Brief 3 is officially over, which means the beginning of a whole new chestnut – brief 4. Liam had us work together in groups with the people we were sitting with (who just happened to be Samantha and Blair from brief 3), to create pitches for a new film that could work as our brief 4 works. Liam showed us some very interesting pieces, including a documentary made entirely of people’s stolen phone conversations and a documentary narrated by a dead general’s wandering ankle.
Liam then showed us the constraints for our next project:
any of the three –
- no interviews
- no voice-over
- only found-footage or other appropriated material
- is non-photorealistic
- deliberately breaks some other identifiable documentary convention
And all I could think about how I could break ALL of the conventions. This led me to developing a very interesting idea, an idea that actually started with one constraint – found-footage. I knew if I used found-footage it would never use interviews or voice-over. I would let the clips speak for themselves. That was three down. the quota was filled. But this non-photorealistic thing really intrigued me. If I was going to make a film I knew I wanted it to somehow be that. And then Liam went on to further explain what it meant – to be non-photorealistic, it simply had to not fit within simplistic ideas of what film looks like. Anything that breaks that frame, that mold works, whether it’s colour or shape. And then it hit me – split-screen. We would play each side of the frame against the other in order to produce the critique we wanted.
I was telling this all to Blair, who was next to me, and she loved the idea and was spurring me on, asking me all the right questions to get me thinking. Even though the structure was there, Blair pointed out, it wasn’t very clear what we were critiquing yet. I was thinking about the fake surface nature of relationships that technology produces, and how that stolen phone conversations documentary we watched earlier did it so well. Made something we see as so normal so creepy. Pointing out the obvious flaws in the structure. And then I knew what socio-political structure I wanted to critique, one that is always everywhere, it is always at the forefront of our minds through advertisements and entertainment we consume on a regular basis. The Hollywood system. We would use Hollywood to critique itself and reveal its own illusions.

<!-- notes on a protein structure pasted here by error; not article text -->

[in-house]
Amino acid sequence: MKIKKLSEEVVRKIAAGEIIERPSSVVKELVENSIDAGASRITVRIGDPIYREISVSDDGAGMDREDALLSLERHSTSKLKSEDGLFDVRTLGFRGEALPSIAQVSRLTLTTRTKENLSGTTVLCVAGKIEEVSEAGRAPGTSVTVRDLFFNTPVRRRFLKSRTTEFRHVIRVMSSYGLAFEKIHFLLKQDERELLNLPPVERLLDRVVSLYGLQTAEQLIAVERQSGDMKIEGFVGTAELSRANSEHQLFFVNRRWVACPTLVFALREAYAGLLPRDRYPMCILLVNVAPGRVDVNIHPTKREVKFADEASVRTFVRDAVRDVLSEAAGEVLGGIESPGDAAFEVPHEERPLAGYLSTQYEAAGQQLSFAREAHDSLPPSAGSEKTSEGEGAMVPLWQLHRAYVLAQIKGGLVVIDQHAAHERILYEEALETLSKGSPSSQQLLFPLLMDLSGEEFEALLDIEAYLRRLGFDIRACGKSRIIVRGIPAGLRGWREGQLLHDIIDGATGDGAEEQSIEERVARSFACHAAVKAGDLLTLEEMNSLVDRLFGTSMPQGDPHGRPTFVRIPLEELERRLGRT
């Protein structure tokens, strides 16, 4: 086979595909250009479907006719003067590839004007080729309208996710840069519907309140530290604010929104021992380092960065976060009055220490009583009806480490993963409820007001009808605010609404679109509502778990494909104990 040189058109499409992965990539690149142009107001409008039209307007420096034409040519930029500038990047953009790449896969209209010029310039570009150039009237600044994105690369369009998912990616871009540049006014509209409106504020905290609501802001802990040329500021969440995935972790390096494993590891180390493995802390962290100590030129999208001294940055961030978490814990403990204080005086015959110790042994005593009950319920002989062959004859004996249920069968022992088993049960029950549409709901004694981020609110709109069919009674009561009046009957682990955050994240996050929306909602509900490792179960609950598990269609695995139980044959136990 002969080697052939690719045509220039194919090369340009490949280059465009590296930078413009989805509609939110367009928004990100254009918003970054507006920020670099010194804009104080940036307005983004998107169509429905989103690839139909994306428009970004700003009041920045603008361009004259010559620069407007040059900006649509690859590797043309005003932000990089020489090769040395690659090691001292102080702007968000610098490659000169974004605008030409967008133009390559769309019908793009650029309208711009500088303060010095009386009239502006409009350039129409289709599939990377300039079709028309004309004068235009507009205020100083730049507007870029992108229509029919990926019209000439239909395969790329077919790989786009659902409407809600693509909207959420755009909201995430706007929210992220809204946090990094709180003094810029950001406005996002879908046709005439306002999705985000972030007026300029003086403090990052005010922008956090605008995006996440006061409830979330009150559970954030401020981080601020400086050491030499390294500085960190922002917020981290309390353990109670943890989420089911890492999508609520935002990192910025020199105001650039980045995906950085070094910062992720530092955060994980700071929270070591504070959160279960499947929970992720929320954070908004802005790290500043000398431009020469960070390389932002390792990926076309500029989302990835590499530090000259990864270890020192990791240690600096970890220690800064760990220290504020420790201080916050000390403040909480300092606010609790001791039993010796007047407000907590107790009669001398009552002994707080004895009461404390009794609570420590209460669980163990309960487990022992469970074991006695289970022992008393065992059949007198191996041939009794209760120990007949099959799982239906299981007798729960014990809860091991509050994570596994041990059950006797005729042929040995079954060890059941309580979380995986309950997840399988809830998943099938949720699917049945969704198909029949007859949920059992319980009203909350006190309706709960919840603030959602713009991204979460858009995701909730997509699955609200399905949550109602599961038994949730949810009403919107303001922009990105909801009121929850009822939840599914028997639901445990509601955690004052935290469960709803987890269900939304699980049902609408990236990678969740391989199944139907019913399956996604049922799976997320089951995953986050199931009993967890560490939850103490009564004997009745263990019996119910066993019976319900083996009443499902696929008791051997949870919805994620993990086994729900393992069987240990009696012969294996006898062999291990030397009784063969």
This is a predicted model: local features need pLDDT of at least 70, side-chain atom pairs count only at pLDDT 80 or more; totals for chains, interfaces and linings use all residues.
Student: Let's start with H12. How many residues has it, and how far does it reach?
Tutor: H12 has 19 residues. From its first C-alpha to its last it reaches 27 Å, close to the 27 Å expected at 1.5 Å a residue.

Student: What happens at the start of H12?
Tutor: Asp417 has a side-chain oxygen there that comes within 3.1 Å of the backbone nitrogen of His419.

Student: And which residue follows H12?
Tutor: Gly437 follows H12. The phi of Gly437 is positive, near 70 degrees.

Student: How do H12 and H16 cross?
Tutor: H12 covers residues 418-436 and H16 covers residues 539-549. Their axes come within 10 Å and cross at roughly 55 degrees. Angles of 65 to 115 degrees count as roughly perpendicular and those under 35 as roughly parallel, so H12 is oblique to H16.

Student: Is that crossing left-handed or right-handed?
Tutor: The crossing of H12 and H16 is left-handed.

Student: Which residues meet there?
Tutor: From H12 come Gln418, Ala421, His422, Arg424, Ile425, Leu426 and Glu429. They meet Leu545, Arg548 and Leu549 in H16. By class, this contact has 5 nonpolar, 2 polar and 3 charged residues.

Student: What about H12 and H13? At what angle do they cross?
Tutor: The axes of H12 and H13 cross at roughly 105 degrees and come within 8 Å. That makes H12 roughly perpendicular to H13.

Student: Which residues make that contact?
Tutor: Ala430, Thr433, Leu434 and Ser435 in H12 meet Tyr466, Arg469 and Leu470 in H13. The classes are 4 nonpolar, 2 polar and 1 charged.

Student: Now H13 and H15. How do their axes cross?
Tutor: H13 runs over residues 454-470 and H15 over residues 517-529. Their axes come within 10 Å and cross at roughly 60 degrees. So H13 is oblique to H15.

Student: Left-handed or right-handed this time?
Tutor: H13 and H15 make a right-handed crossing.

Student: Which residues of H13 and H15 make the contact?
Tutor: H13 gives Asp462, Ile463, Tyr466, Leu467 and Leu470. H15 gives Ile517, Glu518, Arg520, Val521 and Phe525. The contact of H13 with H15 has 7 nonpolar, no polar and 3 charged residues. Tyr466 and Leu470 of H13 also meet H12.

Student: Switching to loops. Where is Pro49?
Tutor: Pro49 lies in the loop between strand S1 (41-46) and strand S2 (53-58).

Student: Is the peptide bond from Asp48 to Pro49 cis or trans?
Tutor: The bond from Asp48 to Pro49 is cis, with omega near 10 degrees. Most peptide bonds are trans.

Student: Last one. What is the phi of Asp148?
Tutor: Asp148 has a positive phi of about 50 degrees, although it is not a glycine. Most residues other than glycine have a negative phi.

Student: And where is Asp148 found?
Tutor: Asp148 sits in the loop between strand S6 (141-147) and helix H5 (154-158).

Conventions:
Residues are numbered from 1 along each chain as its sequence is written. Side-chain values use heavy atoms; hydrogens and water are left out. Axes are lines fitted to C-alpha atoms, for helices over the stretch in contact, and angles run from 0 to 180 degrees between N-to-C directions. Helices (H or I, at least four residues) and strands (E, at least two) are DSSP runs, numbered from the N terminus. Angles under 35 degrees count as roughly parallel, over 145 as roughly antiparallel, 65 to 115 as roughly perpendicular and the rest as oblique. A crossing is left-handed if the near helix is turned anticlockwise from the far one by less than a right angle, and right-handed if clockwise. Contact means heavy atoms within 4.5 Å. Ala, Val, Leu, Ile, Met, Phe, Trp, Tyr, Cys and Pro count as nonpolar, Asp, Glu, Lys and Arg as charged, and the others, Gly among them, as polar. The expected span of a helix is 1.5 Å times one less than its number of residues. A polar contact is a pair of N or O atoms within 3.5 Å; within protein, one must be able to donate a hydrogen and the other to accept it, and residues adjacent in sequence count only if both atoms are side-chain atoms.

It was the perfect idea and exactly the kind of thing I wanted to make for my final film, and Blair agreed that it would be a great film to make.
Blair and I have decided to work together on this film, which is amazing because not only did I love working with her on our previous project, but I really feel like I need someone’s help to pull this off in what little time we have left, and who better than Blair, a masterful editor with a keen eye and a love for Hollywood films.
We spent today’s lesson (Thursday) working on our concept and we’ve decided to root our critique in Hollywood’s portrayal of women. With this does come some heavy connotative issues, but I say if we’re using well known material why not use these connotations to our message’s advantage?
We’ve already come up with some very interesting things we can possibly use, such as what I’m calling a ‘slap compilation’. Using footage of women from all different films we will compile a sequence of women being repeatedly slapped to introduce our film with impact. This will hopefully be accompanied by a song called ‘He Hit Me (And It Felt Like A Kiss)’ by The Crystals, an all female group from the 60’s.However, I am very aware of the heavy connotative values of this song and so have a backup option – classical Hollywood music that progressively speeds up and becomes off-kilter, breaking the illusion.
We’ll be officially pitching our film next week, so hopefully we’ll get some good feedback from the class (which I don’t doubt) and will be able to develop it more from there.